I had the pleasure of working with San Francisco Public Library on an audit of their records relating to patrons and patron activity. This doesn't sound like an exciting activity, but in fact the staff I worked with there really got behind the project. Basically, we (they, really) ferreted out all of those nooks and crannies where patrons sign up for things, or where they leave some footprint in a system or on a sheet of paper. We looked at remote services and ad hoc practices in the branches, including use of things like MySpace and instant messaging to communicate with teen readers. There were some surprises (mainly files in the desks of those folks who feel they have to keep everything, just in case) and a few sticky issues (what to do with held books that are placed on public shelves? Use the patron's name? Use the patron's library card number, which they usually don't know?).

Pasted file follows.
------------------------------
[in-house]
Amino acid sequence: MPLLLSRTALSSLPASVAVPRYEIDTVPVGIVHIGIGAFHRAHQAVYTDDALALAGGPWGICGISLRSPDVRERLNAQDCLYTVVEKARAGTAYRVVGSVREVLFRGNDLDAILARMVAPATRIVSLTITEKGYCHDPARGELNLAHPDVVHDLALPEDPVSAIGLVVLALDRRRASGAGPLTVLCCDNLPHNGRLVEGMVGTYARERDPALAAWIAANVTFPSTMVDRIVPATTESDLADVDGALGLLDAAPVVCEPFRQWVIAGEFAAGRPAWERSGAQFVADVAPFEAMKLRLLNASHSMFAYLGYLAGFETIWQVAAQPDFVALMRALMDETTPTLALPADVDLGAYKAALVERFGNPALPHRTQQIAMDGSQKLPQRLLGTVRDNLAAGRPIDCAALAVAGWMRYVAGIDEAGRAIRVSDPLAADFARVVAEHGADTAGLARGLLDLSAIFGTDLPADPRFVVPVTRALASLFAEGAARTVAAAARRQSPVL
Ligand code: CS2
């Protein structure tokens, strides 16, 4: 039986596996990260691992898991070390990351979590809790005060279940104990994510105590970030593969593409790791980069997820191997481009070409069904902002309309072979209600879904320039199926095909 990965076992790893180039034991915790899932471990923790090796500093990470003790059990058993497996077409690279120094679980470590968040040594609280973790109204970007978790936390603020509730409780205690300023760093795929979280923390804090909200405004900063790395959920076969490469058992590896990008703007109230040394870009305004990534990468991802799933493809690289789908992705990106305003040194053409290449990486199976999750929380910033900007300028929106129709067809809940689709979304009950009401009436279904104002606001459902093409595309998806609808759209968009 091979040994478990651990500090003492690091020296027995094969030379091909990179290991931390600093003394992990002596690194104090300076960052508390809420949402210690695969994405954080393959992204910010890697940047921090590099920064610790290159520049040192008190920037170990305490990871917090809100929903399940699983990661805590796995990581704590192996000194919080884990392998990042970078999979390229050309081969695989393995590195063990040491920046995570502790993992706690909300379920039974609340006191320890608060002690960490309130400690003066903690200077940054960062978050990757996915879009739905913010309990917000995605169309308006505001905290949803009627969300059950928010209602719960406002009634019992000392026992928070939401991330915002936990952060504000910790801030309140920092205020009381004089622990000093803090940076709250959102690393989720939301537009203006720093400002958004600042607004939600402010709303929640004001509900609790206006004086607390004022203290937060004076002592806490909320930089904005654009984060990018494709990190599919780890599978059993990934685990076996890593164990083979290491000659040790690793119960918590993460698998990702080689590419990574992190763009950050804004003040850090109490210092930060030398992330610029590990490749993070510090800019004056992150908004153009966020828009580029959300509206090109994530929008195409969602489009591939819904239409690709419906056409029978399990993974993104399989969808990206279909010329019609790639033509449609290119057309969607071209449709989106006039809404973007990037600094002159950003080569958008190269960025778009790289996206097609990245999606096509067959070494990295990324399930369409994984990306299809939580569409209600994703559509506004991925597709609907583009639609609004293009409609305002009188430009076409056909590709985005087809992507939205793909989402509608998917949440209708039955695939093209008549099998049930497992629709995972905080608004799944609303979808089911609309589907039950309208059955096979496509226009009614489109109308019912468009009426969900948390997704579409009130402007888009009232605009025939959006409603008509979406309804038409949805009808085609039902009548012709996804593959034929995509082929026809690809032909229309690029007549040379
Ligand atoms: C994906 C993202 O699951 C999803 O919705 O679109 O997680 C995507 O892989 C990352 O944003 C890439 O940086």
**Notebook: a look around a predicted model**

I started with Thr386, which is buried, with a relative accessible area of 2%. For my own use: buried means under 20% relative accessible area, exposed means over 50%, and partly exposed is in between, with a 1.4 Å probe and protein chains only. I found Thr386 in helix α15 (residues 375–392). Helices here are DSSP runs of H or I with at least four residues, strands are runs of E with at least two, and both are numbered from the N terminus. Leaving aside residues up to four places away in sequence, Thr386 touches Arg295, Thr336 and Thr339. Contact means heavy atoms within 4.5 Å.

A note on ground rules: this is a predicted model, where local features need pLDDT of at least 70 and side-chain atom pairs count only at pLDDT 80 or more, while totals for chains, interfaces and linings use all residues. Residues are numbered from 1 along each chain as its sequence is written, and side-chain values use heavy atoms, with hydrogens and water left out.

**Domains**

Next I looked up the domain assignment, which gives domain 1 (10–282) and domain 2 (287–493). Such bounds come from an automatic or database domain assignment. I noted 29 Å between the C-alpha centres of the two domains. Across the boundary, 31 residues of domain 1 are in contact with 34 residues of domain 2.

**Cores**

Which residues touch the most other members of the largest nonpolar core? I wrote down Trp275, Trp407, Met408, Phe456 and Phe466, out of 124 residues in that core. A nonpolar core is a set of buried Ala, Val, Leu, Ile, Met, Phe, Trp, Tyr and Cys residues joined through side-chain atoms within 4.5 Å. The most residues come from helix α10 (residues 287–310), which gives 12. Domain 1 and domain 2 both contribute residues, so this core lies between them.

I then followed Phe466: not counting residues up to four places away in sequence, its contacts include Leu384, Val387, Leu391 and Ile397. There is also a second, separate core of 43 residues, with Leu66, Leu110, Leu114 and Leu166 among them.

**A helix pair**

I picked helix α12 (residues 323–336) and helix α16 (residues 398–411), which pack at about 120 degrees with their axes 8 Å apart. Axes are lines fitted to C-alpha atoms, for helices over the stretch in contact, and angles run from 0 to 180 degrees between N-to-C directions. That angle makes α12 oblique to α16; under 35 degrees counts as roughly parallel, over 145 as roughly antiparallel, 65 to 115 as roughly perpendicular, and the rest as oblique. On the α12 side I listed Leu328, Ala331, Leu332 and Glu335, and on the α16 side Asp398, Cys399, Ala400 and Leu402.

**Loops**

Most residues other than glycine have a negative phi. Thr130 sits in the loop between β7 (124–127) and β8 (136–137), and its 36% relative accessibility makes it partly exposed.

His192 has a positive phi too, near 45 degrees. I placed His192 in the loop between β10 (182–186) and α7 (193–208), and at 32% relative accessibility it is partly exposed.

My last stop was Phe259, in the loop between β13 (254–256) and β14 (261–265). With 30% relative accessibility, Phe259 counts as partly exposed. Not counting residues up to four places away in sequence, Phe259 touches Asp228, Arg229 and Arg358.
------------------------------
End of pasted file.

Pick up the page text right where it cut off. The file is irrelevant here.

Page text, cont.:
The final report to the Library Commission is online as a PDF. The actual results of the audit ended up being over 80 pages, with copies of all of the forms and all of the printed and emailed outputs from the library. You can see the blank forms that we started with here. And this is the Word template that we used for the final audit results, one page for each document or system. In my copious spare time (which seems non-existent at the moment) I will try to mock up a few filled in forms so people can see what the final data looks like.
In any case, here's a library that can now say "We know where our data is, who has access to it, and how long it is kept." That's pretty good.